A Unitarian minister will offer reflections on the life of the Catholic monk and writer Thomas Merton on Tues. Jan. 31 at 7 p.m. in East Liberty Presbyterian Church.
This ecumenical and interfaith event will kick off a year-long celebration of the 40th anniversary of the Thomas Merton Center, a local activist group dedicated to peace and social justice.
Despite his vow of silence, Father Merton became famous in the wake of World War II for his spiritual memoir, The Seven Storey Mountain. It detailed his progression from a careless, highly secular unbeliever through his conversion to Catholicism and his entrance into a Trappist monastery just after Pearl Harbor. The book became a bestseller, and was responsible for many conversions to Catholicism in the post-war years.
He continued to write, turning his reflections to social justice and opposition to the war in Vietnam. Some Catholics were deeply disturbed by his exploration of commonalities between Catholic and Buddhist monastic practices. He died in an electrical accident in 1968, while attending a conference in Thailand for Catholic and Buddhist monks.
Four years later, the Thomas Merton Center took his name. The center isn't Catholic, but drew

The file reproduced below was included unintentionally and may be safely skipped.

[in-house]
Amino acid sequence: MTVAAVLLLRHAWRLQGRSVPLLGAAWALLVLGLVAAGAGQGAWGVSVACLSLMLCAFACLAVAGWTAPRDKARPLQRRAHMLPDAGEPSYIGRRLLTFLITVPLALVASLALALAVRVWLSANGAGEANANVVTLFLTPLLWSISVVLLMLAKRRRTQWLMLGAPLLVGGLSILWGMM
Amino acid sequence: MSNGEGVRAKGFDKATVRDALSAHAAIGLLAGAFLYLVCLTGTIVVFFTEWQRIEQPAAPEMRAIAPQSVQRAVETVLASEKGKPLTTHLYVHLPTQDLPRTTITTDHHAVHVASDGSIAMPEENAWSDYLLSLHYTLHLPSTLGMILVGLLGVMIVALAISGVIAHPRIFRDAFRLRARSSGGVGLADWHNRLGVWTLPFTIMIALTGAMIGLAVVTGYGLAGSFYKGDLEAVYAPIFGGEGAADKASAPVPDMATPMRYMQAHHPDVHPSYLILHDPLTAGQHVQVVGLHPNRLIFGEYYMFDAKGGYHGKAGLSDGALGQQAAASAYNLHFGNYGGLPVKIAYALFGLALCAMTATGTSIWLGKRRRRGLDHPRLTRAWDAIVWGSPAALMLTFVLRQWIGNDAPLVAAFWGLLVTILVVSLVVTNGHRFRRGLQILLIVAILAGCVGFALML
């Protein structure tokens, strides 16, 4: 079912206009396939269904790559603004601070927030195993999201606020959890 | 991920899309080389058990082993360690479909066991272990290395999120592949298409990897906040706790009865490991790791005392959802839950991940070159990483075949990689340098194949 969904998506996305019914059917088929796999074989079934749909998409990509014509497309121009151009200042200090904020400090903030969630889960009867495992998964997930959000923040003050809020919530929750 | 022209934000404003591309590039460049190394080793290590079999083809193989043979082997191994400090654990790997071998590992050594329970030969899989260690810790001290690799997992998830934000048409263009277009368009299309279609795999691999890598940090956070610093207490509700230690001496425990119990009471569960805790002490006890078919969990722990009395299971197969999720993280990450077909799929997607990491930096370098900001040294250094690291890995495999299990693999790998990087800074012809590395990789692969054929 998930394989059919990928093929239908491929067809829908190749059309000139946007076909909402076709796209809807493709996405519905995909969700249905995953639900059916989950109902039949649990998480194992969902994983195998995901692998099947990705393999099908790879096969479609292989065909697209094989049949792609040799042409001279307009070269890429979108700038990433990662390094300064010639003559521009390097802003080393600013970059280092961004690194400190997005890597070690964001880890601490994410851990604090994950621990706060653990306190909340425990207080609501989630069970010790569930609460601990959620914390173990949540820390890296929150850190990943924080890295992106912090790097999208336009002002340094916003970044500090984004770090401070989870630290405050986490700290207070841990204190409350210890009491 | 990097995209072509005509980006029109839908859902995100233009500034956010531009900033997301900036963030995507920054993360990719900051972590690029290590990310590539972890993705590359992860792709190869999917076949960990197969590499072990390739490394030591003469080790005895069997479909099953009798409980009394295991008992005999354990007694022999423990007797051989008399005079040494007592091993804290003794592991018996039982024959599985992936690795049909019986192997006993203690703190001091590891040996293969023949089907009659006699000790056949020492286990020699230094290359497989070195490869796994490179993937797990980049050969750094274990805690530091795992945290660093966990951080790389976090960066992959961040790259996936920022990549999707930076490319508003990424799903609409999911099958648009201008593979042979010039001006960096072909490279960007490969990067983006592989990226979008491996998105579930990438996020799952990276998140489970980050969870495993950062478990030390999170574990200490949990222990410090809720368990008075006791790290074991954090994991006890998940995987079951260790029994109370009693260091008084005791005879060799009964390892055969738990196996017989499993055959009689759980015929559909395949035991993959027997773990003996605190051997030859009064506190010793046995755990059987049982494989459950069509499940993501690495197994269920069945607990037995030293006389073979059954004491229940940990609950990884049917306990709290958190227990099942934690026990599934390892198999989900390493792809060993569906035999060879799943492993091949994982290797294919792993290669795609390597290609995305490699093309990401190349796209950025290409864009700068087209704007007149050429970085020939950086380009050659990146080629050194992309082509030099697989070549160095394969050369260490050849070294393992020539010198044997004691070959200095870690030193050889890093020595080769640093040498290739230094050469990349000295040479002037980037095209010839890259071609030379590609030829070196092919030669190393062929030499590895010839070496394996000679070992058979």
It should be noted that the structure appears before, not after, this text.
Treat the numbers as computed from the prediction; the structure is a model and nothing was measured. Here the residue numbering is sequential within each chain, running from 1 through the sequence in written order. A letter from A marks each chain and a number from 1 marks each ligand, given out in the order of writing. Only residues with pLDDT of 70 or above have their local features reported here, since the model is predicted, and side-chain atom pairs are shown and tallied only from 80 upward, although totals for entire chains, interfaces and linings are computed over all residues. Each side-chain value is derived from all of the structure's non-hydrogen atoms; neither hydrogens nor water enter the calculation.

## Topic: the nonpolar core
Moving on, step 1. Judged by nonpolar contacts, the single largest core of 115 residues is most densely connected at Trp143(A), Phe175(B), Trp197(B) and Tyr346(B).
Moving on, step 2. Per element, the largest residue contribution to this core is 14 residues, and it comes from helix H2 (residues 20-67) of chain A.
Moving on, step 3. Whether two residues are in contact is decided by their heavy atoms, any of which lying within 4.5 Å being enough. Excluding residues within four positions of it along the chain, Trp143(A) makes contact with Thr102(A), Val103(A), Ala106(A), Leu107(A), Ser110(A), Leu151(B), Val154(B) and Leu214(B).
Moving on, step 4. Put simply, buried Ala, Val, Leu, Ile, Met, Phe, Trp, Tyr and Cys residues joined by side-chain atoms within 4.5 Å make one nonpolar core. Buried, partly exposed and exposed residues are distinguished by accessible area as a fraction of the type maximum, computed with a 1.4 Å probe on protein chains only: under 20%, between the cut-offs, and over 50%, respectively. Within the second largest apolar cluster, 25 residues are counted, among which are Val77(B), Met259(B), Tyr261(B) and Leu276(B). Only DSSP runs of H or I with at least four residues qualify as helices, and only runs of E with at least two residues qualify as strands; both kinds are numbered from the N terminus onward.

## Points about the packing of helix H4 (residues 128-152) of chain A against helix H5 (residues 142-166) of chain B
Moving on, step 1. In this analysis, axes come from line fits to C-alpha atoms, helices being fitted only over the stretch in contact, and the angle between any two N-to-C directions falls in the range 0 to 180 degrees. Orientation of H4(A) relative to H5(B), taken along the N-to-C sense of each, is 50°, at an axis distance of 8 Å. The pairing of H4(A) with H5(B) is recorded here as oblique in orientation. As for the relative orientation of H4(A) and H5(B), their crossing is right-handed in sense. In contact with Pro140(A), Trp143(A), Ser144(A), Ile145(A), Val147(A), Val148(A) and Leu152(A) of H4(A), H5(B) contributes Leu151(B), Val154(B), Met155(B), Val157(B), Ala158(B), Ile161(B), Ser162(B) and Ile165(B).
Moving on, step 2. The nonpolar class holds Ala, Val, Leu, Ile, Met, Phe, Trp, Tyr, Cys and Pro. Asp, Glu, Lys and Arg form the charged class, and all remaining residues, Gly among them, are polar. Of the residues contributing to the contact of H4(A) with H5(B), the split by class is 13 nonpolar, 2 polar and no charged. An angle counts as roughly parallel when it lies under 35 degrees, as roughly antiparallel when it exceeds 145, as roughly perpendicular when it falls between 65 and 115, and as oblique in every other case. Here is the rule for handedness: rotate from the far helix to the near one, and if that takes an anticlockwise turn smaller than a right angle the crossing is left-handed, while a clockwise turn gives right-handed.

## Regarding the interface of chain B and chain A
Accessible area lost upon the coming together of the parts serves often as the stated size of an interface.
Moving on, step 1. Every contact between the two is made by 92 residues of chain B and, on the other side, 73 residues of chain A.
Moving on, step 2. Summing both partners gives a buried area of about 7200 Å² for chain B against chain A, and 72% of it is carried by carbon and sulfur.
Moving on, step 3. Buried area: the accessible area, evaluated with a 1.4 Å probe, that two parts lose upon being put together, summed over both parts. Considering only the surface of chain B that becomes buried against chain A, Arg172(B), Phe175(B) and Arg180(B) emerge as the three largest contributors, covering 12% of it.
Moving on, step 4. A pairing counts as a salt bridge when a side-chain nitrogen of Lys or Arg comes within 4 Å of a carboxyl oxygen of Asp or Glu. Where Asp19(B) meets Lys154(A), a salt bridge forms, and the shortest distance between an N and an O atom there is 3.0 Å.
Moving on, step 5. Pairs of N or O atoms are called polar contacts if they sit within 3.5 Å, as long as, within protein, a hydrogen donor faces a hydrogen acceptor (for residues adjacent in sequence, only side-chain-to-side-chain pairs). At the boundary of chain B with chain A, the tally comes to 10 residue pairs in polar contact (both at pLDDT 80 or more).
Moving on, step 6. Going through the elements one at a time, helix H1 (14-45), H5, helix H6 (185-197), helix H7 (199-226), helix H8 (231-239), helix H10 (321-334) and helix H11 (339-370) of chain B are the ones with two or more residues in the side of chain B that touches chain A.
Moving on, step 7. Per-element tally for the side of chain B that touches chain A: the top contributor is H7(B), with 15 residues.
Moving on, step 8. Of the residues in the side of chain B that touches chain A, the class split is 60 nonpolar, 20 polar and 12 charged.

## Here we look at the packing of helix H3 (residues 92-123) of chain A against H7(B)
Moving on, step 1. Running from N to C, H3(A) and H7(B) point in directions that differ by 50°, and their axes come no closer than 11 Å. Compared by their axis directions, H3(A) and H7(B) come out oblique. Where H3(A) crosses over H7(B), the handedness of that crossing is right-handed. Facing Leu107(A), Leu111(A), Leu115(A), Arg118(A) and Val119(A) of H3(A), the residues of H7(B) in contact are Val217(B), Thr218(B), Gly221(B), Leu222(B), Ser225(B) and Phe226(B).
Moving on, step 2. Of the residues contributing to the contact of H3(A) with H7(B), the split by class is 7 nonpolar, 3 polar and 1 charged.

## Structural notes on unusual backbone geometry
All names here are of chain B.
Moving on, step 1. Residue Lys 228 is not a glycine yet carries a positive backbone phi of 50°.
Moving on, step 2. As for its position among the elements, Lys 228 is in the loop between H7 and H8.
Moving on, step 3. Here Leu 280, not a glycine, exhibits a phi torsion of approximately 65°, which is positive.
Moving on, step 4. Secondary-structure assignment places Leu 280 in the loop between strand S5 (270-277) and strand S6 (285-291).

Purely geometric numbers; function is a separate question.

inspiration from his writings. Over the decades the center gave birth to the local chapter of Amnesty International, Jubilee Kitchen and the Greater Pittsburgh Food Bank. It has led non-violent protests against all wars and has advocated for racial equality, gay rights, labor and human rights. Its current priorities are economic justice, the environment, peace and prisoners’ rights.
The talk to be presented on Tuesday at 7 p.m. is “A Prophet in the Monastery: Why Thomas Merton’s radical social vision still inspires.”
The speaker is the Rev. Art McDonald, currently pastor of a Unitarian-Universalist Church in Massachusetts, but formerly a minister in Pittsburgh and a former staff organizer for the Merton Center.